Adult Use of Marijuana (#19-11)
Adult Use of Marijuana (#19-11) seems to have the best shot at passing in 2022.
This allows those 21 years or older to possess, use, purchase, display, and transport up to 2.5 ounces of marijuana and accessories for personal use for any reason. Medical Marijuana Treatment Centers would be able to sell, distribute, or dispense marijuana and marijuana accessories as long as the products are labeled and in childproof packaging. Advertising or marketing targeted to persons under 21 is not allowed, and marijuana use in a public place is prohibited.
As of November 22, 2020, the Florida Division of Elections showed that 555,265 valid signatures had been gathered.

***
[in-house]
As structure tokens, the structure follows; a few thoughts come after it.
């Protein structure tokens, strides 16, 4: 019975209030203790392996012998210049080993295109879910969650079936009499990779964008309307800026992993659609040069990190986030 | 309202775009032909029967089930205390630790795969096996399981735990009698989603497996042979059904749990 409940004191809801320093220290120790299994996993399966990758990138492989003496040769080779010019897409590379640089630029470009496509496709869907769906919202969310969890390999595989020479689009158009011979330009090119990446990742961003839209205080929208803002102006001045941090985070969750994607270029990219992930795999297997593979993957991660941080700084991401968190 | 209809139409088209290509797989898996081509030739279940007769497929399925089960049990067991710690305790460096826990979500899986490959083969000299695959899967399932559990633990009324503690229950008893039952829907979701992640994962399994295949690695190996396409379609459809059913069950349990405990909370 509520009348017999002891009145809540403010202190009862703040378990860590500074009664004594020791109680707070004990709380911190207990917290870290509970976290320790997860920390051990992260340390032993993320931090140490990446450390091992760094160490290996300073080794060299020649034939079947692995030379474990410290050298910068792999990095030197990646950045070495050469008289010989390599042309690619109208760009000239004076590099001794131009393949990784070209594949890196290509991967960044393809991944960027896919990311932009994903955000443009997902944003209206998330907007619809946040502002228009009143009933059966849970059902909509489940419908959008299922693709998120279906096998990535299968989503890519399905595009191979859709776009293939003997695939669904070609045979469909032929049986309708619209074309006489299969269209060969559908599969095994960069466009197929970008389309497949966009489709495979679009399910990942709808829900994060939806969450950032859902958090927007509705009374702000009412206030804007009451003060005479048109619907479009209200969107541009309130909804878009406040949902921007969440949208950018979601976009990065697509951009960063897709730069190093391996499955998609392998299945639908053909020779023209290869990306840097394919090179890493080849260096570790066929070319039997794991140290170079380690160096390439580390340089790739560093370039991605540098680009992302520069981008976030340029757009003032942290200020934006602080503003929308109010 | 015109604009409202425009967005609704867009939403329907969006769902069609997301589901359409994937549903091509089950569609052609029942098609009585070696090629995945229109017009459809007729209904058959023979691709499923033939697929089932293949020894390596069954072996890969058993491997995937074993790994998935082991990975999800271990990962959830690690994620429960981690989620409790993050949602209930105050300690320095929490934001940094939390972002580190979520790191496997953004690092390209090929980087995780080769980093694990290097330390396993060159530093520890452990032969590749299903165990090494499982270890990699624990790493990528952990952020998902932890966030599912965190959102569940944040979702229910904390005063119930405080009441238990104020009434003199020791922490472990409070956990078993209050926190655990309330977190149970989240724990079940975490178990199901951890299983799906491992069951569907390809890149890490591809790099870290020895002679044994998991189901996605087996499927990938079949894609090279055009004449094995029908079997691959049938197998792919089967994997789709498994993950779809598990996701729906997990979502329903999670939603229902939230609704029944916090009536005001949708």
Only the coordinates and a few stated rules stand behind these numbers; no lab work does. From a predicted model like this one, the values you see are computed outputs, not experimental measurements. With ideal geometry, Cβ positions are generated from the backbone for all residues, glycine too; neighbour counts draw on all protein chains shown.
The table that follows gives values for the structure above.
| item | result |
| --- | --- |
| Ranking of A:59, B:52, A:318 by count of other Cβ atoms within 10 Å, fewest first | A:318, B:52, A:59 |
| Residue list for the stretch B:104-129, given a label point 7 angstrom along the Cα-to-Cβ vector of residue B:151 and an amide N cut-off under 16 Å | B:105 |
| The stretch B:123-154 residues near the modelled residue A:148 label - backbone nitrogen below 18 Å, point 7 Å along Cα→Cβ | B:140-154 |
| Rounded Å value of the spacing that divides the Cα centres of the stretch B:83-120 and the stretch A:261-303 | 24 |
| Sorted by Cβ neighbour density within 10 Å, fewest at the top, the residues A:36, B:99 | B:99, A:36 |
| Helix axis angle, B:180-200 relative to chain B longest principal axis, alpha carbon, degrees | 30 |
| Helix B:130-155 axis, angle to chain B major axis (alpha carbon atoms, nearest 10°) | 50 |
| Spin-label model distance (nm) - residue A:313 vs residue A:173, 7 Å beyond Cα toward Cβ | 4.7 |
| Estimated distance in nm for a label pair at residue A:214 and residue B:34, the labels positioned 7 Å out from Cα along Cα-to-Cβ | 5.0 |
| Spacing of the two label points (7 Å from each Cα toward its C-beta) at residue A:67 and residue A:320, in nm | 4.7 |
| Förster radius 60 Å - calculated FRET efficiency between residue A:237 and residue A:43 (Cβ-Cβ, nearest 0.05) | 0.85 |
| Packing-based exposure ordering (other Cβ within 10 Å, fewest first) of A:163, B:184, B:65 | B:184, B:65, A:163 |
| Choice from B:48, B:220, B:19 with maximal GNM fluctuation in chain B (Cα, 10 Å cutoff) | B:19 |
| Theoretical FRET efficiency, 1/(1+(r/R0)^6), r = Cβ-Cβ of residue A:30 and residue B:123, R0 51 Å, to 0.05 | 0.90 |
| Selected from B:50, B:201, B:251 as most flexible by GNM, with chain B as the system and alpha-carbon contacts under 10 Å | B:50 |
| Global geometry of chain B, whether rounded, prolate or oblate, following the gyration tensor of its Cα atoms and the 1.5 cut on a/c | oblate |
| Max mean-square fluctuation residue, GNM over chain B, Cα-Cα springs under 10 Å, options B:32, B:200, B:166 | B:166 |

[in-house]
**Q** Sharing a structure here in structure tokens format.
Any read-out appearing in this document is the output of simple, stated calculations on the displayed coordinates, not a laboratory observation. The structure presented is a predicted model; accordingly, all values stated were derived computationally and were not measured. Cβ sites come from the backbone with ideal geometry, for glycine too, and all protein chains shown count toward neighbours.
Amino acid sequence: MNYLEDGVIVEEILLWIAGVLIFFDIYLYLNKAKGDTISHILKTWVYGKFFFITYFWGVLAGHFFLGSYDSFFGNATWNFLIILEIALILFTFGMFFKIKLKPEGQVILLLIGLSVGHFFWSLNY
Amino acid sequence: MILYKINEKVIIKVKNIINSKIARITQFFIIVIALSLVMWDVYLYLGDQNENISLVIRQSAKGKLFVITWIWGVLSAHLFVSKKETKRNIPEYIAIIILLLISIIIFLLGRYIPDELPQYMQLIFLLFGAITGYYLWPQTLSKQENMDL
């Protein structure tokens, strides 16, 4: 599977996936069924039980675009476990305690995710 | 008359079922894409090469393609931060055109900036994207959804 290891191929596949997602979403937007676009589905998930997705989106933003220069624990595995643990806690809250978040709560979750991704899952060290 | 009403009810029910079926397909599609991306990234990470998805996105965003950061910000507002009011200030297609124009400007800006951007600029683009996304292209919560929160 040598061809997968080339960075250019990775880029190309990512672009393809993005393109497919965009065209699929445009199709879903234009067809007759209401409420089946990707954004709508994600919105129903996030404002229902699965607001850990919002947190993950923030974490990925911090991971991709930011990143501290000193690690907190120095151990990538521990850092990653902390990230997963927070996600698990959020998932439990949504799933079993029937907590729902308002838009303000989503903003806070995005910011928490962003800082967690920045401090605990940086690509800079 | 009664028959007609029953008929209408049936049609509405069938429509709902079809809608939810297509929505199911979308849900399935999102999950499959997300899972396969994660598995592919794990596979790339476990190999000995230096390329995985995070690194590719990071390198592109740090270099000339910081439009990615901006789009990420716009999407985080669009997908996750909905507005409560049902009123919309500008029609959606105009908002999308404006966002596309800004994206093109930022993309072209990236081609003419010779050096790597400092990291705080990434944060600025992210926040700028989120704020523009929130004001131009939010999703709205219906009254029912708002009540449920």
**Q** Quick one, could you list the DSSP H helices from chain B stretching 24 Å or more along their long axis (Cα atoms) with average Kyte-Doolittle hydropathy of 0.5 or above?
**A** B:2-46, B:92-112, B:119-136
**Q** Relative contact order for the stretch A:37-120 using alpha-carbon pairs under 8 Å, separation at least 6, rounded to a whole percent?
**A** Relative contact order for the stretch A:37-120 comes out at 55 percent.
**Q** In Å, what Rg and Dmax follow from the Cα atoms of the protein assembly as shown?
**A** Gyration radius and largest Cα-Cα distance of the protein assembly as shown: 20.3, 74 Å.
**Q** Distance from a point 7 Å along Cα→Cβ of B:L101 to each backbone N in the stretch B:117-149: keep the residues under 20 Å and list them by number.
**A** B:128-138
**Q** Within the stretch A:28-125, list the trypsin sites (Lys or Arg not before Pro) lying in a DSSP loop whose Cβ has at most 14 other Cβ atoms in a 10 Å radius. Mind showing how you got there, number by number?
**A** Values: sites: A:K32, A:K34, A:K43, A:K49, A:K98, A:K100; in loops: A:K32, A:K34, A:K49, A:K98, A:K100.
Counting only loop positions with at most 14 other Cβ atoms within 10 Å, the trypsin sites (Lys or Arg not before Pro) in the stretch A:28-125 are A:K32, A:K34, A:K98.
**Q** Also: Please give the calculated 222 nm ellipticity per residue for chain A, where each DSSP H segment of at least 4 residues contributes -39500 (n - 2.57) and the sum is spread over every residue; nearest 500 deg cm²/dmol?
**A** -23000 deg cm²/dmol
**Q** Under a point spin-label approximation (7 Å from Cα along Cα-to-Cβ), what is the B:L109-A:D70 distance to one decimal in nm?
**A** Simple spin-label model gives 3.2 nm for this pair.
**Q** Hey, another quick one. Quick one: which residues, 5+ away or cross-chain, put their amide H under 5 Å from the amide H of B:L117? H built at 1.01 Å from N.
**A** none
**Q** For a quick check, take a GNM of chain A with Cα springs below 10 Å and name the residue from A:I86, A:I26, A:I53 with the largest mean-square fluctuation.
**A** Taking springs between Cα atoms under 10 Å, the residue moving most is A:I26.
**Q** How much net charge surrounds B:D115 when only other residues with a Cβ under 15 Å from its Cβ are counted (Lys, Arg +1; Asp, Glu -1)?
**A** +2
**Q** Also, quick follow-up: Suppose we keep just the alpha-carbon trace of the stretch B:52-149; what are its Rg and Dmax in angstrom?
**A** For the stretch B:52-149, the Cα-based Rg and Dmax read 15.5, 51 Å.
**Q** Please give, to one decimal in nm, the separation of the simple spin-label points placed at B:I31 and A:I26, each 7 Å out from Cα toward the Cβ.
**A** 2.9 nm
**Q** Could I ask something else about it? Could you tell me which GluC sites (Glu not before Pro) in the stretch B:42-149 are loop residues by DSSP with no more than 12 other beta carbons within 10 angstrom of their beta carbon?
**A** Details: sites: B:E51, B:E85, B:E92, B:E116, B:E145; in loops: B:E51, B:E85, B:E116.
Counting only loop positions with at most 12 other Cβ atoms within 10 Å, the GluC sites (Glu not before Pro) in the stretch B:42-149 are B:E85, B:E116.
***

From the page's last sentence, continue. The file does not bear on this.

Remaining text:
There are a couple of initiatives that have a fighting chance in the 2022 election, and by doing your part in the voting, you can help get them passed into law. However, do not get your hopes up for a quick and pain-free process. It has taken years for Florida to allow smokable medical marijuana and edibles to qualifying patients. It does not seem likely that passing recreational laws will be any easier.
For now, Floridians who have a qualifying health condition are eligible for their medical marijuana license, which allows them to purchase and possess medical cannabis products. If you are interested, book a risk-free money-back guaranteed exam with one of DocMJ’s many qualified Florida Medical Marijuana Physicians.